The energy cost for commercial buildings and industrial facilities in the US is estimated at $400 billion. (Eia.gov, 2018)
The average building wastes 30% of the energy it consumes due to built-in inefficiencies.
Ongoing operating costs represent 50% of a building’s total life cycle expenses on an estimated 40-year life span (Rajagopalan et al, 2017).
Optimum management of energy consumption has been a huge headache for facility managers for decades. There are a myriad of electrical appliances from computers, phones, printers, scanners to vending machines and coffee makers. Hence, it has been a very difficult process keep track of the energy consumption of each and every electrical appliance in office premises. More scientifically, it is very hard to keep track of plug and process load (PPL) energy usage of each appliance.
Sensors in buildings are becoming cheaper, smarter, and more widely used. New connections are being forged, not just between devices in a system, but among systems in a building and buildings in a portfolio. And the unprecedented volume of data coming from buildings is being converted into useful information by sophisticated analytics. For facility managers, there’s nothing new about the idea of connecting devices to enable data sharing and control. But the Internet of Things, or IoT, changes the game in important ways.
The IoT devices remain interconnected with some vital areas of the building that leads to better utilization of resources. In terms of energy saving, the IoT devices are interconnected with self-powered meters. Smart sensors can control basic building elements like light, temperature, management of the run-time of escalators and elevators, and others, thereby reducing the energy consumption. Real-time monitoring of processes in a building can be done successfully with IoT solutions.
Employee standards are changing and the roles of facilities managers are evolving too. According to an independent report by Gartner, 25% of all businesses are using a chief digital officer as an extension of traditional facilities managers and have increased the efficiency in providing quality facilities and service to the occupants by 50%.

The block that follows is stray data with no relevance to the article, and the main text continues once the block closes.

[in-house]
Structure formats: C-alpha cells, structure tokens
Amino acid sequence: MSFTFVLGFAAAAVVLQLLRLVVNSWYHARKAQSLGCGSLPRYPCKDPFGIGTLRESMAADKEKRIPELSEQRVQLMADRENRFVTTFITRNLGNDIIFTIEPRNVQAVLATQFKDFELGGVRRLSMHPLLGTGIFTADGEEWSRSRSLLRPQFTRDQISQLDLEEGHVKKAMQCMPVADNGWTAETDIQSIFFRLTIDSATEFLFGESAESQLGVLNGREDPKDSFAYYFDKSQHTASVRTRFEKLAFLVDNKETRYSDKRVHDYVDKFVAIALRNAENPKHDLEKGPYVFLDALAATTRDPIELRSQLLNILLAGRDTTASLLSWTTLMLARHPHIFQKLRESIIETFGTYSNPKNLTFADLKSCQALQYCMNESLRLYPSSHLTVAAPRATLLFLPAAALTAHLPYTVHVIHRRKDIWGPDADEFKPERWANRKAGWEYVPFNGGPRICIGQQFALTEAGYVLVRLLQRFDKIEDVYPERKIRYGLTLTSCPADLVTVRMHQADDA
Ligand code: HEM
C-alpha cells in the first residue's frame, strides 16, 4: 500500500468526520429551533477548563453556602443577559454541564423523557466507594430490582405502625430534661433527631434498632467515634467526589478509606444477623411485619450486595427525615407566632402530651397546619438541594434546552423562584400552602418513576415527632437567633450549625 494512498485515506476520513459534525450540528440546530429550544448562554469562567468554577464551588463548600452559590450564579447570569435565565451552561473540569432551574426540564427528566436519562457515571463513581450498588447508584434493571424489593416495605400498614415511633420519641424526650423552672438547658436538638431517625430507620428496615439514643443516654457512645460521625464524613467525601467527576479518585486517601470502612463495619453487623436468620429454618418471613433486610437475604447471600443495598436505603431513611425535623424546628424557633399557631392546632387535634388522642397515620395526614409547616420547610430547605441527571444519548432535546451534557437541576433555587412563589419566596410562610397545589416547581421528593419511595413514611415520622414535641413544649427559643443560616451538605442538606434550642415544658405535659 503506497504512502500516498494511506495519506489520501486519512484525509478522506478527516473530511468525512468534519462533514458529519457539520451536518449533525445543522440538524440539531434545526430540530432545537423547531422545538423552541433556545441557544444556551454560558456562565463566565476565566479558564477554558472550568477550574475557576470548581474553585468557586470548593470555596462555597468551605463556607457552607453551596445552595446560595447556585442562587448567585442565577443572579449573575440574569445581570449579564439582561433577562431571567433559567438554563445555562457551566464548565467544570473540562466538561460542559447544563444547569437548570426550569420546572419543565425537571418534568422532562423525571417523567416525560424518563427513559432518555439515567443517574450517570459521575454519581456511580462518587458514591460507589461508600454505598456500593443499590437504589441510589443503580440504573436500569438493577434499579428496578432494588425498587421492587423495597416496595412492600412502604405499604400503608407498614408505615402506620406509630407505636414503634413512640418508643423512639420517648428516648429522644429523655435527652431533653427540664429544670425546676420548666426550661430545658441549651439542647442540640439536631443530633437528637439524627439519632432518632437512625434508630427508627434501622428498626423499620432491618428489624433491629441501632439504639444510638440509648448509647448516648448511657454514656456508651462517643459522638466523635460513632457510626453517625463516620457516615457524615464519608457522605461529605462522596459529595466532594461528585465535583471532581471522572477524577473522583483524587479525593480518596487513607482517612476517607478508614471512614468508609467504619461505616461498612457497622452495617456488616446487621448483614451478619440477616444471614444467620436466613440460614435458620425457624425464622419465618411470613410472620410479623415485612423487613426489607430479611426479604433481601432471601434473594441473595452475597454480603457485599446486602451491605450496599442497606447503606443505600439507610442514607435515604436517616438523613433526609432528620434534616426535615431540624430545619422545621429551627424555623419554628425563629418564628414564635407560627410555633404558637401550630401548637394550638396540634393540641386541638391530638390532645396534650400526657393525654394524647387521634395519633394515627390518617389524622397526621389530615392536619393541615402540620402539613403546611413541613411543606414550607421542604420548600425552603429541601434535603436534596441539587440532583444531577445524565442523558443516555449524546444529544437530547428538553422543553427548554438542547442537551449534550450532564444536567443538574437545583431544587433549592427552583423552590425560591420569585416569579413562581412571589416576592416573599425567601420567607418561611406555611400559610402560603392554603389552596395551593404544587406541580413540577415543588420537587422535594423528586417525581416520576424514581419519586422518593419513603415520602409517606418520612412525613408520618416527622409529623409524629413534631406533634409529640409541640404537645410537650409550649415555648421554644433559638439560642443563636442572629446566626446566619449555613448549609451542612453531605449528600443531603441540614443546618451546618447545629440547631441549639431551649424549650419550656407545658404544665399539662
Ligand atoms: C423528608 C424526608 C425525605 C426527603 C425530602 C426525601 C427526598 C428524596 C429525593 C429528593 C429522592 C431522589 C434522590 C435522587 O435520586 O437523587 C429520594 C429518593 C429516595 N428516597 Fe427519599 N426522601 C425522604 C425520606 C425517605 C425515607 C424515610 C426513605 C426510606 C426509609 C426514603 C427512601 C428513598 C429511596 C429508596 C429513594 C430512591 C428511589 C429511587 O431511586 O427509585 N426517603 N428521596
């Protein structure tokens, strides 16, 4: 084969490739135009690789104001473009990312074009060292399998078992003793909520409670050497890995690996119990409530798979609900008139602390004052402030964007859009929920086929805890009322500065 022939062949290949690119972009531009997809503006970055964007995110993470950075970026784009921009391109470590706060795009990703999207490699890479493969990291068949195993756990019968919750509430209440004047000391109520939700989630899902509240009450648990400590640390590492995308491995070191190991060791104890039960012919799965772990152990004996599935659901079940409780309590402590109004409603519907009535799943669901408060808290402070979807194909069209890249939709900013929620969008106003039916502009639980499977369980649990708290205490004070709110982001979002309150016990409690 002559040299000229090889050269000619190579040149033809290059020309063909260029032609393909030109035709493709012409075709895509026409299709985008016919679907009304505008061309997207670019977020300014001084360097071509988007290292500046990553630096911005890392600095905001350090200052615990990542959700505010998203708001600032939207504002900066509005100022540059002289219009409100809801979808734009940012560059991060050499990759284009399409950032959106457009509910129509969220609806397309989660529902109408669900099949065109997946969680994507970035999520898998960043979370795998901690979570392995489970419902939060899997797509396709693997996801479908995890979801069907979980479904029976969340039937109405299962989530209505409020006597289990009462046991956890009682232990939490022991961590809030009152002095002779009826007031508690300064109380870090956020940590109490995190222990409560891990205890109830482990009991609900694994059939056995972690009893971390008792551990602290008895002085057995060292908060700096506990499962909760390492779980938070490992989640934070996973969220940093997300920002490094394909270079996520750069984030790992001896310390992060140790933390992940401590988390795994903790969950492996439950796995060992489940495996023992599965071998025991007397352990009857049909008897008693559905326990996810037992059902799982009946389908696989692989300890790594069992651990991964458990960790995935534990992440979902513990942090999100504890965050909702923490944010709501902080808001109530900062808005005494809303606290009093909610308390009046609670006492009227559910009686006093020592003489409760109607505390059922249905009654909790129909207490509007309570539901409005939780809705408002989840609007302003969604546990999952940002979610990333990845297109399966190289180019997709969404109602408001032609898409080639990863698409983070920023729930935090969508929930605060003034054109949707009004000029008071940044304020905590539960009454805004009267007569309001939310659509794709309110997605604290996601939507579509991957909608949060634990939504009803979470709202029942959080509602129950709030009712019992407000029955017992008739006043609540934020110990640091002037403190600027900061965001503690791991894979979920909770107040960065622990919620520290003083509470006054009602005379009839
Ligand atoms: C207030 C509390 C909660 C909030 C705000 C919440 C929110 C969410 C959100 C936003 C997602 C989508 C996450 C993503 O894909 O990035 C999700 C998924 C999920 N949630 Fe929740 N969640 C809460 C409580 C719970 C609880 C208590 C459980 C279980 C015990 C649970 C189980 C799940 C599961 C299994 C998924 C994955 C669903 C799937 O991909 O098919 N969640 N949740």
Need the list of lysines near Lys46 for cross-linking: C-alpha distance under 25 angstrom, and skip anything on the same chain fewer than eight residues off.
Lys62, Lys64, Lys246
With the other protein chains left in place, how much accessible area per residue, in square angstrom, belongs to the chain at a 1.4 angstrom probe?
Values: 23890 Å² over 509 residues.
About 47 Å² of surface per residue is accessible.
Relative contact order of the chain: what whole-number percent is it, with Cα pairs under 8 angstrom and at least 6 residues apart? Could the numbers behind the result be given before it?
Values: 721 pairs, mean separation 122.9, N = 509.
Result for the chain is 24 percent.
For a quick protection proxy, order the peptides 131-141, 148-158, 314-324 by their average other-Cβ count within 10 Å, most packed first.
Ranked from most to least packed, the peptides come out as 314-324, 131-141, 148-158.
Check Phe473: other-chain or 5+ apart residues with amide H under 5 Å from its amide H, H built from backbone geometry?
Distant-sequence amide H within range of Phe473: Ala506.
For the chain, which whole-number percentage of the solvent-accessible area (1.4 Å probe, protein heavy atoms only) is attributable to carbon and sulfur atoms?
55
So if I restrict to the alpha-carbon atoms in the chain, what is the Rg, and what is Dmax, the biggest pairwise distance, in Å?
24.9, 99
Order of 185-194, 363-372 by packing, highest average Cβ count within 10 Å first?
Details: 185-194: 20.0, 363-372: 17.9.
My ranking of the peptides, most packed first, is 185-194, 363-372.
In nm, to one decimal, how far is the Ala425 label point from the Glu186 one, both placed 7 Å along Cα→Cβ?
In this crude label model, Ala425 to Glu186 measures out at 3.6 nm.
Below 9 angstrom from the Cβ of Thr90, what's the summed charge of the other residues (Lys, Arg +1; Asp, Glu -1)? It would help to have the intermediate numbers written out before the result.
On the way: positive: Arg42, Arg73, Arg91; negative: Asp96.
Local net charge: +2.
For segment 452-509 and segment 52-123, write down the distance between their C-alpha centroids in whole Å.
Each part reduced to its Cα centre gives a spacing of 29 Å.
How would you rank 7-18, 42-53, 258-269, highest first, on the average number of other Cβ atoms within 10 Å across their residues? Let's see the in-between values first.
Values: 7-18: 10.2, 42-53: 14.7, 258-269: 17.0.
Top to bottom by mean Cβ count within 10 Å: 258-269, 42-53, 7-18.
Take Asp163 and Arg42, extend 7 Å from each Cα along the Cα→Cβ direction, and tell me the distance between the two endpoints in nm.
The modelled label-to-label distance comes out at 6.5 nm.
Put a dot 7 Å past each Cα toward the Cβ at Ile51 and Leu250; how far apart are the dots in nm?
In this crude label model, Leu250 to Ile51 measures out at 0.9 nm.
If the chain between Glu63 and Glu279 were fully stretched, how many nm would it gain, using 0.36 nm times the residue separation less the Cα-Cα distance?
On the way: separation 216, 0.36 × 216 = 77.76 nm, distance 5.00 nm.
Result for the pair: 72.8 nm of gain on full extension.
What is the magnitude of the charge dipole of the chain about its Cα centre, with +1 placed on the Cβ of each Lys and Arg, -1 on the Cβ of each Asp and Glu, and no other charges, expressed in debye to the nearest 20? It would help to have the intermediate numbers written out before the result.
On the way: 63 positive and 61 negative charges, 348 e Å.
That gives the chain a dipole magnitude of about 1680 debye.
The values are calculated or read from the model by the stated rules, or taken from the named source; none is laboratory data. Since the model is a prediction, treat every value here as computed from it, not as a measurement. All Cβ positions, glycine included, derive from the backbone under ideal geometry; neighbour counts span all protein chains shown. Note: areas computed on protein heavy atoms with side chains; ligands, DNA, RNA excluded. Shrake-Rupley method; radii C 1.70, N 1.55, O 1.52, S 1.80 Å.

Do they create any value at all?
Are they worth it?
One of the many benefits of IoT and analytics in facility management is the ability to do more with less. Well, this means that the applied technology reduces energy reliance and optimizing the workforce of facility management companies.
- Optimise wastage
- Manage risks
- Enhance occupant experience
Facility managers have been provided with the opportunity of optimizing this PPL energy usage and thereby, minimise the expenses incurred in facilities management. In this process, advanced power strips, load shedding devices, and occupancy sensors allow for remote and automated measurement and control. As an example, the facility manager can monitor and manage PCs remotely, setting automation protocols that change their power settings when not in use. The advanced power strips can sense when a workstation has become inactive and power down the equipment at that station, allowing the facility manager to save the energy.
By accompanying IoT with facilities management, organizations are able to harness these extra savings that were not easily achievable before. Smart devices are readily available today and we hope to continue research and development in this area to figure out how and where these devices can be most effectively used.
blockHQ is committed to enabling our partners and their organisation with technological support to build, test ideas using cutting edge technological advancements. We help build simple business solutions using software and hardware. Data is everywhere and we believe in the opportunities created by transforming data into information. Our teams are experienced in research & developments as well as versed in product/ solution design. Using a secret mix of lean and agile methodologies, artificial intelligence, cloud computing, integrated systems, sensors and devices we deliver quick and effective solutions.
Eia.gov, 2018. CBECS 2012: Building Stock Results. [Online]
Available at: https://www.eia.gov/consumption/commercial/reports/2012/buildstock/Rajagopalan, R., Hameed, T., Rajamani, B. & Sethuraman, B., 2017. Embracing Smarter Facilities Management, s.l.: s.n.
Service Futures, 2018. 5 major factors that are driving growth in the FM industry. [Online]
Available at: https://servicefutures.com/5-major-factors-driving-growth-fm-industry
image credits – https://aethon.com/hospitals-play-offense-against-rising-costs/
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